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I have been working here for one month, and I’m working with Nuclear Fuels and eventually working with special nuclear materials and making sure that the transaction reports are sent correctly. So the first time I saw this site was for my interview when I first saw it I was actually real excited because I’ve only been on a power plant on the site of a power plant once before and that was in Michigan, but when I saw it I realize this is real and that I could actually be working here I was very excited because this is such a big plant and you saw that there was so many people here and that thousands of people and that you’d be part of that making power for New Jersey. I know for the next few years that I will be trying to learn about the different roles in Nuclear Fuels right now since I working with Nuclear materials that will be going on for the next six months at least just to get certified, But hopefully in the future I’ll also understand how to work in spent fuel and fuel reliability all those different programs so that’s my goal for the next few years at least.
I started out working over 20 years ago here in Newark and spent my first 11 years in the corporate world here in Newark. Subsequent to that I left Newark in ’99 and subsequently wanted to come back to Newark where I am originally from [I was] born and raised here, [I] wanted just to come back into the city. I really feel that Newark is an up and rising city. It’s an important city, it’s a key city and I think PSEG is so central to the city. Everyone that’s in New Jersey practically is touched by PSEG in a form and I just wanted to come back to a solid company, a large corporation, a company where I feel I can spend the rest, my next 20 years contributing and seeing how the company will affect directly people’s lives.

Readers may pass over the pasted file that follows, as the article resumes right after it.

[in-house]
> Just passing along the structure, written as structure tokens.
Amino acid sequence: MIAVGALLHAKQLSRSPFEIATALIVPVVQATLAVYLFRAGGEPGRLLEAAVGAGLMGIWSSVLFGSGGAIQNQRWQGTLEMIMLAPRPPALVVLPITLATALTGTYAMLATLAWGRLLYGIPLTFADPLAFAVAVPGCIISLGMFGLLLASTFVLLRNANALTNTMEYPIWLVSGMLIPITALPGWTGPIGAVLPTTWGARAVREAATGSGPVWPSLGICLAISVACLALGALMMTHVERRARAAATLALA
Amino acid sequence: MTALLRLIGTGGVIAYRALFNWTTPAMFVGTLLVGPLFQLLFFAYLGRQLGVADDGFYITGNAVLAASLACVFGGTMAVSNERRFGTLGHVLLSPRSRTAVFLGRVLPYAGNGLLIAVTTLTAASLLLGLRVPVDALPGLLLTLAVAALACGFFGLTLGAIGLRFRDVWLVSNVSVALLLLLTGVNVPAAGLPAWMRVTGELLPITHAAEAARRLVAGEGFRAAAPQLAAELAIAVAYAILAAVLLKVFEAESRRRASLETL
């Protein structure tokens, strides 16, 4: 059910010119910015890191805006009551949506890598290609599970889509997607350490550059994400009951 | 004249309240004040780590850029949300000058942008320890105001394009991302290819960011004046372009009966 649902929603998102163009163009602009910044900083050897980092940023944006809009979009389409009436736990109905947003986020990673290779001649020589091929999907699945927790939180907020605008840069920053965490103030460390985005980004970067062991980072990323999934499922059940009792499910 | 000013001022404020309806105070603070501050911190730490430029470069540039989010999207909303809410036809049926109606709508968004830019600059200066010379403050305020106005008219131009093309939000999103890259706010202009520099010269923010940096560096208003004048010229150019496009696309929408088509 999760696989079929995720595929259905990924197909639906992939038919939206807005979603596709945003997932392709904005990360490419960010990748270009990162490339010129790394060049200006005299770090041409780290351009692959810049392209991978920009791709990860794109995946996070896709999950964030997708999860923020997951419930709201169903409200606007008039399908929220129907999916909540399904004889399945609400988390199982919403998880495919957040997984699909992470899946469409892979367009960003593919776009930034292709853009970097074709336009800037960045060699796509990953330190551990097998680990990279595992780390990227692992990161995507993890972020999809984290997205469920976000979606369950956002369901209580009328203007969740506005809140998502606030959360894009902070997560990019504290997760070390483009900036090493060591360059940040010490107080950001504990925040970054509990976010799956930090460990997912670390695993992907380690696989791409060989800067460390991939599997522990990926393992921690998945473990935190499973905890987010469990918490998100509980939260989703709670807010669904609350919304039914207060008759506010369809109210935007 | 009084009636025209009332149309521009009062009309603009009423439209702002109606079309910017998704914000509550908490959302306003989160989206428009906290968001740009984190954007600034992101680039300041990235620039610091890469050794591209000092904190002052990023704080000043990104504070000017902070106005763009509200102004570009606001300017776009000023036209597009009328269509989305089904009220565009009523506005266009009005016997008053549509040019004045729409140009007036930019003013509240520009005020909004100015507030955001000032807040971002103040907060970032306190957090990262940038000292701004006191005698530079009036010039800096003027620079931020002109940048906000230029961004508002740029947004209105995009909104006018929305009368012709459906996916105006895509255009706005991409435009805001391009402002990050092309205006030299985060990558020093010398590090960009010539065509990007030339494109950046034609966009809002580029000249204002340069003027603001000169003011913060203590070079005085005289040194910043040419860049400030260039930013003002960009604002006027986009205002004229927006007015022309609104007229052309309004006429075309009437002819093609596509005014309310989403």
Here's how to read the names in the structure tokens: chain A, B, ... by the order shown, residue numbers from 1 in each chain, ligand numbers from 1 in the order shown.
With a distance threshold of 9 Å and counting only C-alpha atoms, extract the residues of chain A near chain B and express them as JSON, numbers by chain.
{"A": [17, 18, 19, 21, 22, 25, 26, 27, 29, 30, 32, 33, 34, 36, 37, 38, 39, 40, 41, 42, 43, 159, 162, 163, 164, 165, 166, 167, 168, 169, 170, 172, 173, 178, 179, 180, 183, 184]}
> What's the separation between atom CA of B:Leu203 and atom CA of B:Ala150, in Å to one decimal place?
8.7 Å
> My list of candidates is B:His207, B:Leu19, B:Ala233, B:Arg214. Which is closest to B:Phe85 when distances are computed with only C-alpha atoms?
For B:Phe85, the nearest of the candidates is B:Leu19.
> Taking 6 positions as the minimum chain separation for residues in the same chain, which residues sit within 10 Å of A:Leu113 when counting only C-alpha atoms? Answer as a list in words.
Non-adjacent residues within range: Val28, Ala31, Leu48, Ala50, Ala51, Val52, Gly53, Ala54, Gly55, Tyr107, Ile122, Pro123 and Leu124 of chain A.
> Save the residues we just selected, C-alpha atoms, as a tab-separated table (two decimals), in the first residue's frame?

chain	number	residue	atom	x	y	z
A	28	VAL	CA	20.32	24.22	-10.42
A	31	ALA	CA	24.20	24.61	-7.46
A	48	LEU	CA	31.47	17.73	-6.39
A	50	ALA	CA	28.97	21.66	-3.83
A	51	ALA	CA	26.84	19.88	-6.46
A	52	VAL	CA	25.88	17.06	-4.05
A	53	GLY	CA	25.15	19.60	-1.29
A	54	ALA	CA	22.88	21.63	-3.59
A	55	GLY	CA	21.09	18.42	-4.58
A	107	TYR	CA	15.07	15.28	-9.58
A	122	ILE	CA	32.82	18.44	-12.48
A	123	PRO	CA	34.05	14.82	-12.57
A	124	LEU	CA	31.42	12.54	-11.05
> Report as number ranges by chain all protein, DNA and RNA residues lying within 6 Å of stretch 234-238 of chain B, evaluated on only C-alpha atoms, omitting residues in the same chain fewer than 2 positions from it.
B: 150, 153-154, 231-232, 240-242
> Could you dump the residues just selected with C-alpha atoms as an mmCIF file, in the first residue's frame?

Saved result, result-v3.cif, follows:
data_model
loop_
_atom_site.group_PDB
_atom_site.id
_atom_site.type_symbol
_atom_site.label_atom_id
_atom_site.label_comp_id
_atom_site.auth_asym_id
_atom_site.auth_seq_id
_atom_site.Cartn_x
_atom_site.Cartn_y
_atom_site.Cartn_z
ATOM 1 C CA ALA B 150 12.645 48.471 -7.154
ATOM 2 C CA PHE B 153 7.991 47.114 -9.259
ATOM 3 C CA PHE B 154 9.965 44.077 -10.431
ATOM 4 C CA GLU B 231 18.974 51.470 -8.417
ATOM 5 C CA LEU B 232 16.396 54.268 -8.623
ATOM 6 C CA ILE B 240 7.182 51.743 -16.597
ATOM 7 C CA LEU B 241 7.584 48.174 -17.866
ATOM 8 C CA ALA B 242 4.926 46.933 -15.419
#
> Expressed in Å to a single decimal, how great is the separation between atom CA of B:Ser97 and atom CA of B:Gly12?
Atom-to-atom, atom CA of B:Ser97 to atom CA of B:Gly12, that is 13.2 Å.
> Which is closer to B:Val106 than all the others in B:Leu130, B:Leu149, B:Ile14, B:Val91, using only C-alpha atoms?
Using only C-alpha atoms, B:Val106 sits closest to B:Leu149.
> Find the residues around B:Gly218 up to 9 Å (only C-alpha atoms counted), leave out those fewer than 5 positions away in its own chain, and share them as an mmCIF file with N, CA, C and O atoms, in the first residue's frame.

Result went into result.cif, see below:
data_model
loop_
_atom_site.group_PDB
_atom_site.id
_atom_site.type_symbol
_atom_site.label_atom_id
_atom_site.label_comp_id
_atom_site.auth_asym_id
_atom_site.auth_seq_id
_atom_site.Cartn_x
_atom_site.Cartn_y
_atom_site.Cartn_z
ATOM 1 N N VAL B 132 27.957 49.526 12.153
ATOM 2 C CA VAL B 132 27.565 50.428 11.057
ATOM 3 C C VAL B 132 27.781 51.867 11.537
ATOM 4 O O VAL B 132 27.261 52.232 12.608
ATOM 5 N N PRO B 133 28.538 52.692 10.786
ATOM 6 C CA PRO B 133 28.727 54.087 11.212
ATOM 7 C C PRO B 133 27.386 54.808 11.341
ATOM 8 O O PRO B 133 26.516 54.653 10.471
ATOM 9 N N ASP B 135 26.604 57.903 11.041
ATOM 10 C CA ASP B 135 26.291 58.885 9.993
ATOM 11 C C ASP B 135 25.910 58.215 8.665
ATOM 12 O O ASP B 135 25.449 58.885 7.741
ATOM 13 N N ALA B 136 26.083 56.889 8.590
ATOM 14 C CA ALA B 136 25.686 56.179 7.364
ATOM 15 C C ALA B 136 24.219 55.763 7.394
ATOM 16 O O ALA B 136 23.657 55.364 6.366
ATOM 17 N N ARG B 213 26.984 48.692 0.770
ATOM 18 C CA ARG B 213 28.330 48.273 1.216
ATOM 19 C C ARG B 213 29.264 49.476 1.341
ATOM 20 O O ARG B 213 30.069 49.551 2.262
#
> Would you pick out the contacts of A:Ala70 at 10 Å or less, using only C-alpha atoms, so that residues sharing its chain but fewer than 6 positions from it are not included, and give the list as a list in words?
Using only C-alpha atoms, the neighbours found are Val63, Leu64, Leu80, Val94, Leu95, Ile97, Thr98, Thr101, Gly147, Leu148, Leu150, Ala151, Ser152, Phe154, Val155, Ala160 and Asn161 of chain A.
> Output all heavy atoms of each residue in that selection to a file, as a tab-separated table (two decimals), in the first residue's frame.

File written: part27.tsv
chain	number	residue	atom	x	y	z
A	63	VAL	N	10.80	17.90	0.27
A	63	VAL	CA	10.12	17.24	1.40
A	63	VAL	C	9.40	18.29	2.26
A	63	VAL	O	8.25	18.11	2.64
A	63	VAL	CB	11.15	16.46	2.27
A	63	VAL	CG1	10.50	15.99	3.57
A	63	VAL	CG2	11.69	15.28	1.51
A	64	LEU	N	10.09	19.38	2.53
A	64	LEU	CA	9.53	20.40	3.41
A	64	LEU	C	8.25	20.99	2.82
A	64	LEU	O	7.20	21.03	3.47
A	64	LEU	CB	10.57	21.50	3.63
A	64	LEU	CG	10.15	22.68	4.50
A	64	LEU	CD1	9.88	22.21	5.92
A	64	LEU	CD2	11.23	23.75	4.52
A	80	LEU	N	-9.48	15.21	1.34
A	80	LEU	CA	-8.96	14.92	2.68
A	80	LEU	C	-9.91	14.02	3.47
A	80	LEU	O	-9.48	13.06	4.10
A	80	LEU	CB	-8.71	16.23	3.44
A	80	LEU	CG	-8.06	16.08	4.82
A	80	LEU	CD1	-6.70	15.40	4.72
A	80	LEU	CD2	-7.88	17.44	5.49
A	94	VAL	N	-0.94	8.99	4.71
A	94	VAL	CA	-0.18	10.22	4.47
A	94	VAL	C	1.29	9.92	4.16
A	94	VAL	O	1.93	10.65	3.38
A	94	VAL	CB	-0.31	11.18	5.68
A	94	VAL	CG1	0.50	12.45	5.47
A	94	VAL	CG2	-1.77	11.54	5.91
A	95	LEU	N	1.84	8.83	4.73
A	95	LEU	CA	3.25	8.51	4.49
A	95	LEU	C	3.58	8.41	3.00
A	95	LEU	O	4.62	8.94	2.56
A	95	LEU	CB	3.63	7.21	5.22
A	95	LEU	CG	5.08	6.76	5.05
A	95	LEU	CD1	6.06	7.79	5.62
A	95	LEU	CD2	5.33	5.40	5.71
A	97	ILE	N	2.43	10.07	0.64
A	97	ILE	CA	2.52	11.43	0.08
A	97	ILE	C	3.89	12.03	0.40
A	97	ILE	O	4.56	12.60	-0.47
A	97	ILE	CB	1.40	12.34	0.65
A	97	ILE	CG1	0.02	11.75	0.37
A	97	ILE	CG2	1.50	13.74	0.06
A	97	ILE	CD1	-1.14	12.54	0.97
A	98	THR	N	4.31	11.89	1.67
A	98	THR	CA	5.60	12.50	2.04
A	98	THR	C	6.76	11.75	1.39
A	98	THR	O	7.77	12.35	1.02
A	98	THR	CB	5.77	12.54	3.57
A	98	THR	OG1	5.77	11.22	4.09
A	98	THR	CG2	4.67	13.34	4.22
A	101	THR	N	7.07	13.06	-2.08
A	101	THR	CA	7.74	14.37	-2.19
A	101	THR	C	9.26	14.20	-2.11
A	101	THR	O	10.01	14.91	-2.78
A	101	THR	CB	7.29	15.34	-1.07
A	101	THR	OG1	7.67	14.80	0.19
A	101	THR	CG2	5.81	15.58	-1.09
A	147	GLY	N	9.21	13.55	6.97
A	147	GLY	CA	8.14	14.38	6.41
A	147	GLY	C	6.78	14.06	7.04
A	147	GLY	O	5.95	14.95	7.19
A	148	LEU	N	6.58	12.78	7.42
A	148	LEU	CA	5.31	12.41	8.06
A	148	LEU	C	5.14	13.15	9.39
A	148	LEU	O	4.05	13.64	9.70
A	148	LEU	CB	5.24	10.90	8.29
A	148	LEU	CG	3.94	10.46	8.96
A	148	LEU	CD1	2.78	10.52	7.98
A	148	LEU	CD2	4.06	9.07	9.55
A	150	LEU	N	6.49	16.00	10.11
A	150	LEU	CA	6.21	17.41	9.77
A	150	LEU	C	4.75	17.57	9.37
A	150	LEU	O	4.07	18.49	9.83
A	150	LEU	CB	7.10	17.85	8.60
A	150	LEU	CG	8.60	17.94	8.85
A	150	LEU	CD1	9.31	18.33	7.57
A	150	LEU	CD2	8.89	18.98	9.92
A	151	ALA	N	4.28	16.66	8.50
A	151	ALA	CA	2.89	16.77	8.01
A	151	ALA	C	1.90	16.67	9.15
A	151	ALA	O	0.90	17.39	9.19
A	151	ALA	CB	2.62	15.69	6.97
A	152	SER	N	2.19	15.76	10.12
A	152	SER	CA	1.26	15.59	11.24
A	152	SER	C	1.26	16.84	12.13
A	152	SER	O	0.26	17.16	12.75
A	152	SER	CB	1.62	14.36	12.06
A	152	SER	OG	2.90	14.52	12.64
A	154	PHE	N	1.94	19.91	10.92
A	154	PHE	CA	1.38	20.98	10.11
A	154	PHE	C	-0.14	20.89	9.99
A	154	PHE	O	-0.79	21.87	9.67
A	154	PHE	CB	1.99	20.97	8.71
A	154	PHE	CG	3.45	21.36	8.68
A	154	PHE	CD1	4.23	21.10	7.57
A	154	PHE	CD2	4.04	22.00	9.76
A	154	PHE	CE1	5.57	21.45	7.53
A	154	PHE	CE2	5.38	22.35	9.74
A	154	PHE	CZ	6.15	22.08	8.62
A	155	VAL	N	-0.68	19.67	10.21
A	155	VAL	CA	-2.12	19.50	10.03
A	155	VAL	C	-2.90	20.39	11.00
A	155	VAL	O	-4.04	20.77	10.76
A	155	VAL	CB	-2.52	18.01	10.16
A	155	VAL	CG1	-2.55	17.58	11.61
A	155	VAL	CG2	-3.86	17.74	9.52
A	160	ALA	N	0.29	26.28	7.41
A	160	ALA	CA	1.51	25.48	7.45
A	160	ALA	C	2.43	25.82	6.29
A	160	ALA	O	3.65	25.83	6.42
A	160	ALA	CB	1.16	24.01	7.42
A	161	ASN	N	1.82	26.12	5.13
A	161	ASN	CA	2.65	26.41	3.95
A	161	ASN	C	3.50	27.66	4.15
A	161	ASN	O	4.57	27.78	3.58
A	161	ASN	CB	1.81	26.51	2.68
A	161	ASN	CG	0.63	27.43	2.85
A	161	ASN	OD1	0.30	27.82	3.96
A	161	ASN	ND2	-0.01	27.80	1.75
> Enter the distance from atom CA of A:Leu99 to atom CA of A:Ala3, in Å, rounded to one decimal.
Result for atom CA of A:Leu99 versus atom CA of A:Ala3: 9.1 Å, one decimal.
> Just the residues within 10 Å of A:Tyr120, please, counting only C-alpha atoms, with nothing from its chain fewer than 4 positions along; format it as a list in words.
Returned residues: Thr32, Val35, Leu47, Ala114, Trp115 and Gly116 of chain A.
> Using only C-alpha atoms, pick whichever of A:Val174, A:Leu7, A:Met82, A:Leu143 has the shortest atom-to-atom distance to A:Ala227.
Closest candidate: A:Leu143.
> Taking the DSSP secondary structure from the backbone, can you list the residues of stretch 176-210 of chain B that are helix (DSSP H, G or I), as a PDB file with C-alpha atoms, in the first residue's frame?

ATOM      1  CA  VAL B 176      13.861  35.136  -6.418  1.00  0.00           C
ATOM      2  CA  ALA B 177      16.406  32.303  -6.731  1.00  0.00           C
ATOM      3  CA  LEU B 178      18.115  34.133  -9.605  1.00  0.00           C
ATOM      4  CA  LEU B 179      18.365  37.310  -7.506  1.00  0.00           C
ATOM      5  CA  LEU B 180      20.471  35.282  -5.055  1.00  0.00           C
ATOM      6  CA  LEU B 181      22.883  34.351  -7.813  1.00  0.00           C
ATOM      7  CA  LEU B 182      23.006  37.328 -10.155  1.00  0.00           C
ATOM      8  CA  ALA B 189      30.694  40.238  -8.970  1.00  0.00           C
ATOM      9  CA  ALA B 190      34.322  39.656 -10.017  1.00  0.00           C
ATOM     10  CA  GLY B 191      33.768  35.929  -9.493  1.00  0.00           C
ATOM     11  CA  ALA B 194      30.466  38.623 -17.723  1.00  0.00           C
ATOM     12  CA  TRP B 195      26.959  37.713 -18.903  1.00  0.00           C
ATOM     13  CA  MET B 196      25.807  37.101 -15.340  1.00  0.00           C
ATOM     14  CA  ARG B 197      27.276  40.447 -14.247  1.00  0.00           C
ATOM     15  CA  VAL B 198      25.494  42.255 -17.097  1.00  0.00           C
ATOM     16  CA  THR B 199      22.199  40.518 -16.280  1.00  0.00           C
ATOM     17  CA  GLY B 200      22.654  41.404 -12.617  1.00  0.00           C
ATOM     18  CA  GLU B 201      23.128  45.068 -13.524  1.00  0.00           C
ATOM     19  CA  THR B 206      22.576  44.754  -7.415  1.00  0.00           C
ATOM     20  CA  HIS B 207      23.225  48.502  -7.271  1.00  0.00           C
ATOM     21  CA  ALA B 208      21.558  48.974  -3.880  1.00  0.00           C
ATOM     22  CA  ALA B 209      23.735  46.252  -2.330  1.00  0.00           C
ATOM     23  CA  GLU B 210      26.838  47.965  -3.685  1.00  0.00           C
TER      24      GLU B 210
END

It was exactly where I wanted to be and everything worked out so well. Within a month I believe the process from beginning to end was done which was very, I think in this time, very rare. When I made my decision I weighed all of that. Is this company going to provide for me a good work environment, a family-life, work-balance, along with a great relationship with the person who I am directly interacting and working with on a daily basis? I feel that if you spend 8, 9, 10 hours in an office you should enjoy what you are doing. You should not be here forced or regretting or just coming in and not enjoying getting up in the morning and going that extra mile for your manager and I really did feel that once I met with him I knew that A). I could work with him B). it would be rewarding and good for my professional career as I go forward.
I graduated from the United States Naval Academy and then, from there, I went to a Destroyer as a Division Officer and then to an aircraft carrier, also as a Division Officer in the Reactor Department. So, nuclear propulsion again. From there, I went to PSEG starting in Engineering as an Assistant Engineer and then transferred over to the Operations Department in September 2008. As a Naval Division Officer, there’s actually quite a lot of similarities between being the Division Officer in the Navy and then transferring over into the nuclear power side of PSEG. Responsibilities are quite similar as far as supervising a crew to get a list of tasks done and coordinate a shift and how we produce power and safe operation of the reactor plant. We have that and then the technical aspects of both, which obviously the nuclear power and engineering aspects are quite similar. What I always enjoyed about the Navy was that everyday was a new challenge. It was new events, new problems to tackle. And then PSEG provided that same environment to learn. So coming into work everyday was like being in the Navy. You’re always faced with a new event in the plant. Some new issue that provided the chance to learn more about the plant and provided an opportunity and you can even go out into the field look at the individual components and then read the technical basis for it. So there’s a good blend and that’s what I saw in the Navy and that’s what attracted me to PSEG.